Severance Agreement on the table: Now what?
Many of our callers are recently terminated employees seeking guidance. Thus, we are frequently asked about separation agreements that they have been asked to sign, and how to negotiate. Whatever reason for your dismissal, when presented with a Severance Agreement you may not fully understand, the right question is always, “Should I sign?
Here are some guidelines to consider before you sign away your rights by agreeing to an employer’s severance terms. Once you have signed an agreement, the damage is likely done. If possible, the first thing to say to an employer who has just presented you with a severance agreement, is “May I have time to consult an attorney?”.
1 General Release:
If you have been offered any severance pay, you are likely to be asked to sign a clause called a General Release, or Release of all Claims. It is almost always contained in any severance agreement. This is fairly standard language that will prevent you, the former employee, from ever bringing litigation against your soon-to-be former employer, even for acts that may be unknown to you at the time of separation. It is for this reason that you must be absolutely sure you are willing to accept the terms of the agreement you are signing. This is what you are giving your employer in exchange for any monies they are paying you over and above whatever they may owe you in regular wages and unpaid vacation time that has accrued. If you believe you may have any other claims, you should contact a lawyer to preserve those claims.
2 Preservation of Existing Claims:
- 2.1 Workers Compensation Claims. If you have suffered an on-the-job injury, and have not yet been compensated, then signing a General Release could prevent you from recovering any money as a result of that injury;
- 2.2 Retirement Benefits, such as Employee Pensions or 401 (k). While these plans, if vested, should be yours under the law, it is best to be certain that you are not waiving your right to collect benefits that have been promised to you and which may not be fully vested, but may be close
- 2.3 Other Claims: Third party suits and other actions against the employer, unrelated to your rights under employment laws, as well as suits in which you might otherwise have an interest of recovery.
3 Terms of Payment:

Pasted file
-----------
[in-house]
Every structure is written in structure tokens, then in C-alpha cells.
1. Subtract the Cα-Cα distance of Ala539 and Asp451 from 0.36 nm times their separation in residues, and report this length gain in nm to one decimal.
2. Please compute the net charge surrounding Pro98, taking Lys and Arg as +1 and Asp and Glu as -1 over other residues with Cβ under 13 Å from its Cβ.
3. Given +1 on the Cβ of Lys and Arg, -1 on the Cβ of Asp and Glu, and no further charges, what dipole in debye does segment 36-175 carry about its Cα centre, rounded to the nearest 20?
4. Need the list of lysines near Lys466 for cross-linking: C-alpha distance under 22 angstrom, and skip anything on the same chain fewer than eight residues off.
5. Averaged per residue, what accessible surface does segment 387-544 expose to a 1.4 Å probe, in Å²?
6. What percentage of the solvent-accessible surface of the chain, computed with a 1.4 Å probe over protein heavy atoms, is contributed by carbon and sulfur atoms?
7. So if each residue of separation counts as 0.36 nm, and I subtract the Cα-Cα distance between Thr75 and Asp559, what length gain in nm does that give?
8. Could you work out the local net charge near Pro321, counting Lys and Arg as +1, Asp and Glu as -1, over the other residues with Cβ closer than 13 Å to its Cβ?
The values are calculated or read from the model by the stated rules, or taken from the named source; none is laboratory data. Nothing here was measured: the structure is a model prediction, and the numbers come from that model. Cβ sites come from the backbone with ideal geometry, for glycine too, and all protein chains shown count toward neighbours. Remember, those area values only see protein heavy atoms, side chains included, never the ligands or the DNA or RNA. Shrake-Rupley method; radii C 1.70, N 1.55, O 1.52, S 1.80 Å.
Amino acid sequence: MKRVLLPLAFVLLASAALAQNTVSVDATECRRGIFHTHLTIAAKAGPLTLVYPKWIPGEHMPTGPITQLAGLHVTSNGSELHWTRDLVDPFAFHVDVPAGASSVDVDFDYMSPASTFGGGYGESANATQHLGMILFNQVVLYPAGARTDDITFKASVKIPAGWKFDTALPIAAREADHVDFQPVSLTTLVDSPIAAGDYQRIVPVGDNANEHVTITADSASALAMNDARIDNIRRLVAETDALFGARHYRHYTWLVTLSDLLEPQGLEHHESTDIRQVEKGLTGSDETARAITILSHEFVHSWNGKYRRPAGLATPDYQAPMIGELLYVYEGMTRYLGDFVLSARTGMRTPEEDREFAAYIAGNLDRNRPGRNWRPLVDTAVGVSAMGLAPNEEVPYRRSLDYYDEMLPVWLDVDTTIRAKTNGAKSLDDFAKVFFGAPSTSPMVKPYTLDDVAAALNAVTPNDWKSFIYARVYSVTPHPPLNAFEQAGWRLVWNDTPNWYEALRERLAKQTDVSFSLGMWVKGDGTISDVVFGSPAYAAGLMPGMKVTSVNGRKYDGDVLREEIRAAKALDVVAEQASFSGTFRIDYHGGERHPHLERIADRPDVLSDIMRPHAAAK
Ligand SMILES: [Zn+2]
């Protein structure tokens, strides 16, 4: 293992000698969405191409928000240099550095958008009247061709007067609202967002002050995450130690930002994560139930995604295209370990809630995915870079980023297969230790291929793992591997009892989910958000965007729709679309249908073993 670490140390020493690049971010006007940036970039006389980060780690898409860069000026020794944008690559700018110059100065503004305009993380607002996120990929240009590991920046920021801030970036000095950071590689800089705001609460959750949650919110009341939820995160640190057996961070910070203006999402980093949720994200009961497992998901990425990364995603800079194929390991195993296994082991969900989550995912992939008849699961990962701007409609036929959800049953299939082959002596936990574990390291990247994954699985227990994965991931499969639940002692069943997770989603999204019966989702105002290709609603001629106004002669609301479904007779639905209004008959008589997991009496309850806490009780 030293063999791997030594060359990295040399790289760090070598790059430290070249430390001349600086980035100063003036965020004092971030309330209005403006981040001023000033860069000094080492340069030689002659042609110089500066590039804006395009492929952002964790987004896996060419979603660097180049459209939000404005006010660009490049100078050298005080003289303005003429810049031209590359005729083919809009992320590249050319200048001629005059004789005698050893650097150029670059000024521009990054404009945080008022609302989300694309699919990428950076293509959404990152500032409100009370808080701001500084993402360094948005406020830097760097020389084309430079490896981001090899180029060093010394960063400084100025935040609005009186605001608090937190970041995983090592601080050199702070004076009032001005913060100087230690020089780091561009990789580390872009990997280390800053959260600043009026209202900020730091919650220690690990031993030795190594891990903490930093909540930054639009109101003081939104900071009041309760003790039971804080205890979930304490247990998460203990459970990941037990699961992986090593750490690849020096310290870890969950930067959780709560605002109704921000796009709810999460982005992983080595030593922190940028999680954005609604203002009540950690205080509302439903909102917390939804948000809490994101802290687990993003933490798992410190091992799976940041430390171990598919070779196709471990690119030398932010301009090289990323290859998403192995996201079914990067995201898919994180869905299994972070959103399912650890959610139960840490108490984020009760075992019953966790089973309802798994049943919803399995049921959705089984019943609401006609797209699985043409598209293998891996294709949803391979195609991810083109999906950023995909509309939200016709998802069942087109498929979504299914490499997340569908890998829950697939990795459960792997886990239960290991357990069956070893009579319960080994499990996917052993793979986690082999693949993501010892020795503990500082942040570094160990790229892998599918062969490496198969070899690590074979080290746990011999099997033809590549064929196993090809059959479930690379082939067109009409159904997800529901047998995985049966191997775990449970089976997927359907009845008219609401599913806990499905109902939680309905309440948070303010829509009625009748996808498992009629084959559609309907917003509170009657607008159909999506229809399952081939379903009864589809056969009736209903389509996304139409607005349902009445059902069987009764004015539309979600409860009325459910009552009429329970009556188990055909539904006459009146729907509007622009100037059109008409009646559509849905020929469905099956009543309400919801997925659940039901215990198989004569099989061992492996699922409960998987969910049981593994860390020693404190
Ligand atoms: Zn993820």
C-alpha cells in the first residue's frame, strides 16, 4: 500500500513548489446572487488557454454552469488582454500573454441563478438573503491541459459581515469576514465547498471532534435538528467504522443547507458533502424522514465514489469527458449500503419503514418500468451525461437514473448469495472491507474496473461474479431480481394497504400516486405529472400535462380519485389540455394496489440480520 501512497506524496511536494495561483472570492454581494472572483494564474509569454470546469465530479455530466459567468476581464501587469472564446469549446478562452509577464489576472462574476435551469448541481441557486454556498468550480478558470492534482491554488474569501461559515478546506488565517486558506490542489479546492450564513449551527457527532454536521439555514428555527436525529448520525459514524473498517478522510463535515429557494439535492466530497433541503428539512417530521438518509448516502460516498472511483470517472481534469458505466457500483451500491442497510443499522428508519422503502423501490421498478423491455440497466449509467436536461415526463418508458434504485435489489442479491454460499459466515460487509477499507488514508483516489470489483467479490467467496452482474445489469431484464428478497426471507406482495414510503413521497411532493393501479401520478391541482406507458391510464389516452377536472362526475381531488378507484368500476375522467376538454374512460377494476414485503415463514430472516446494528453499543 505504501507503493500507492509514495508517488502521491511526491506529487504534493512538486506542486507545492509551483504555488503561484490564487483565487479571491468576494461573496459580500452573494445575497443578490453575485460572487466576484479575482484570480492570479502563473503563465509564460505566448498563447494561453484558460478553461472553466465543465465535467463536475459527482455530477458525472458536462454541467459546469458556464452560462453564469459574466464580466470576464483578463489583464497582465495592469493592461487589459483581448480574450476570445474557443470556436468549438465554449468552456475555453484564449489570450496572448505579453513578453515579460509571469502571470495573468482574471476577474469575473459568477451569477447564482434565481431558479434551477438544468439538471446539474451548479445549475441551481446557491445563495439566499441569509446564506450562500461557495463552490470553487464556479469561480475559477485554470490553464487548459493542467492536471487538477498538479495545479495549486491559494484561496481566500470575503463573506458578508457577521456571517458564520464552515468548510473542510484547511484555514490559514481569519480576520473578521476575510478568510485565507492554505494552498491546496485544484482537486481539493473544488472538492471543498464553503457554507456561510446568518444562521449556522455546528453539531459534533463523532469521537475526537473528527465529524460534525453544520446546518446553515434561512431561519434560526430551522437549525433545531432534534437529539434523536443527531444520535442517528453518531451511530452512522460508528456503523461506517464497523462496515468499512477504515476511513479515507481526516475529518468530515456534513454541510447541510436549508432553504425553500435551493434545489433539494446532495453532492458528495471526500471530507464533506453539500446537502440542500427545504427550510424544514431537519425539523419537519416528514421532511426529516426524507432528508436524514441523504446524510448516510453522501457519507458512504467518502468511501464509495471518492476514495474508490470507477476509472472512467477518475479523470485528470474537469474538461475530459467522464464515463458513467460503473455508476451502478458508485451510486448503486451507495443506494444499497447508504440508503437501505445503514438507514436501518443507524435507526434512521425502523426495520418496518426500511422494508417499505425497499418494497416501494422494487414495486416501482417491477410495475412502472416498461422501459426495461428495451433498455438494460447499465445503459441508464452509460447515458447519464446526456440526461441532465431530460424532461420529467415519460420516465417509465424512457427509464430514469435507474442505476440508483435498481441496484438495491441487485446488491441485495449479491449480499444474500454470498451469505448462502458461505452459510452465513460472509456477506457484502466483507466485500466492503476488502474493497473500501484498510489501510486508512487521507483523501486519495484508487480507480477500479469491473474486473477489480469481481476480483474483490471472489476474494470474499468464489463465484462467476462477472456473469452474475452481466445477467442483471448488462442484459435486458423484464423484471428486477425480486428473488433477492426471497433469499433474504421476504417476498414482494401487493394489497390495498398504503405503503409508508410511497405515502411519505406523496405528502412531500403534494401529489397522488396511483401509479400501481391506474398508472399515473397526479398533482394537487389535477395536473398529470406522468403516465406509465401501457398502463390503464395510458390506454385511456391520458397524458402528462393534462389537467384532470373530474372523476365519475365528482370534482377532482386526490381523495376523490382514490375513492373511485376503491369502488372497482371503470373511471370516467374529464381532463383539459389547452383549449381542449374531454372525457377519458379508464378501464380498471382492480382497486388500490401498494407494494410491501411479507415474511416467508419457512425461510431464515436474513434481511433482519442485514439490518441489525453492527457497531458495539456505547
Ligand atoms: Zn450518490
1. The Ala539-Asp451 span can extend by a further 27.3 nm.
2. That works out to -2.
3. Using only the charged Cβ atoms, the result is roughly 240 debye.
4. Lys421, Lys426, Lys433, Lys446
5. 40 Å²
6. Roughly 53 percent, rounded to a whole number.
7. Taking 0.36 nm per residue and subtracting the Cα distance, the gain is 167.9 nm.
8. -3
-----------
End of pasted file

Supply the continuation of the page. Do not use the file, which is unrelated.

Payment of severance can either follow the employer’s payroll practices or be made in a lump sum. Either way, the employee will receive a net paycheck(s) reflecting deductions and withholding made during the course of employment. Ideally, the employee will be permitted to remain on the employer’s health plan for the time period that severance is paid.
4 Confidentiality Clause:
Another common clause that may appear in a Severance Agreement is the confidentiality clause. This may be included even in cases where the payment to the terminated employee is not a “premium” (fairly large) amount. This clause will generally prevent you from discussing or otherwise mentioning the separation agreement and/or its terms with anyone not involved in the agreement. Sometimes your spouse, your attorney or your tax preparer will be excluded from the clause, in order that you might discuss necessary details with them without penalty*.
Anyone engaging in any agreement that includes confidentiality, should check with a lawyer to find out if they are expected to refrain from such discussion, as to do so can negate the agreement and leave you in the position of having to return any monies paid to you by the employer. This clause is sometimes mutual, but if it is not, you have all the more reason to check with an attorney before signing, in order to fully understand the terms to which you will be bound once you have signed your name.
USE CAUTION: These prohibitions may include posting about settlements/payments on Facebook, Twitter, Instagram, Snapchat or other social media.
In some instances, an employer will ask for a “non disparagement” clause, which contains provisions asking essentially that you, the former employee, do not speak ill of your former employer. With a bit of tweaking, this can often be made “reciprocal” or mutual. This would mean that you would be likewise protected from your former employer’s interference with your efforts to find another job.
6 Neutral References:
A reference clause might be something that can be negotiated favorably for you by an attorney, particularly when the employer is merely downsizing. At the very least, you may be able to obtain a promise of a neutral reference, in which the employer promises to give only the dates of employment and a salary verification to future prospective employers.
7 Unemployment Compensation Claims:
You may wish to negotiate the official basis given as the reason for your termination in order to make sure that the reason is one which will permit you to collect unemployment benefits while searching for another job;
8 Health Insurance:
Losing one’s health plan coverage at termination of employment can be a frightening prospect, even with COBRA protections or the ACA. With the assistance of an attorney, you may be able to negotiate a thoughtful coordination between the coverage you had with the employer and healthcare security while seeking a new job.
Attempting to negotiate any of these terms on your own behalf, without the assistance of a lawyer, is not generally advisable, as many employees have little leverage within the few remaining days or weeks following their termination. So, if you find yourself in this position, and have questions about these or other terms of a proposed Separation Agreement, please feel free to contact Lazear Mack at 510-735-6316, tell us about it here.
Lazear Mack, LLP
Employment Law Attorneys
436 14th Street, Suite 1117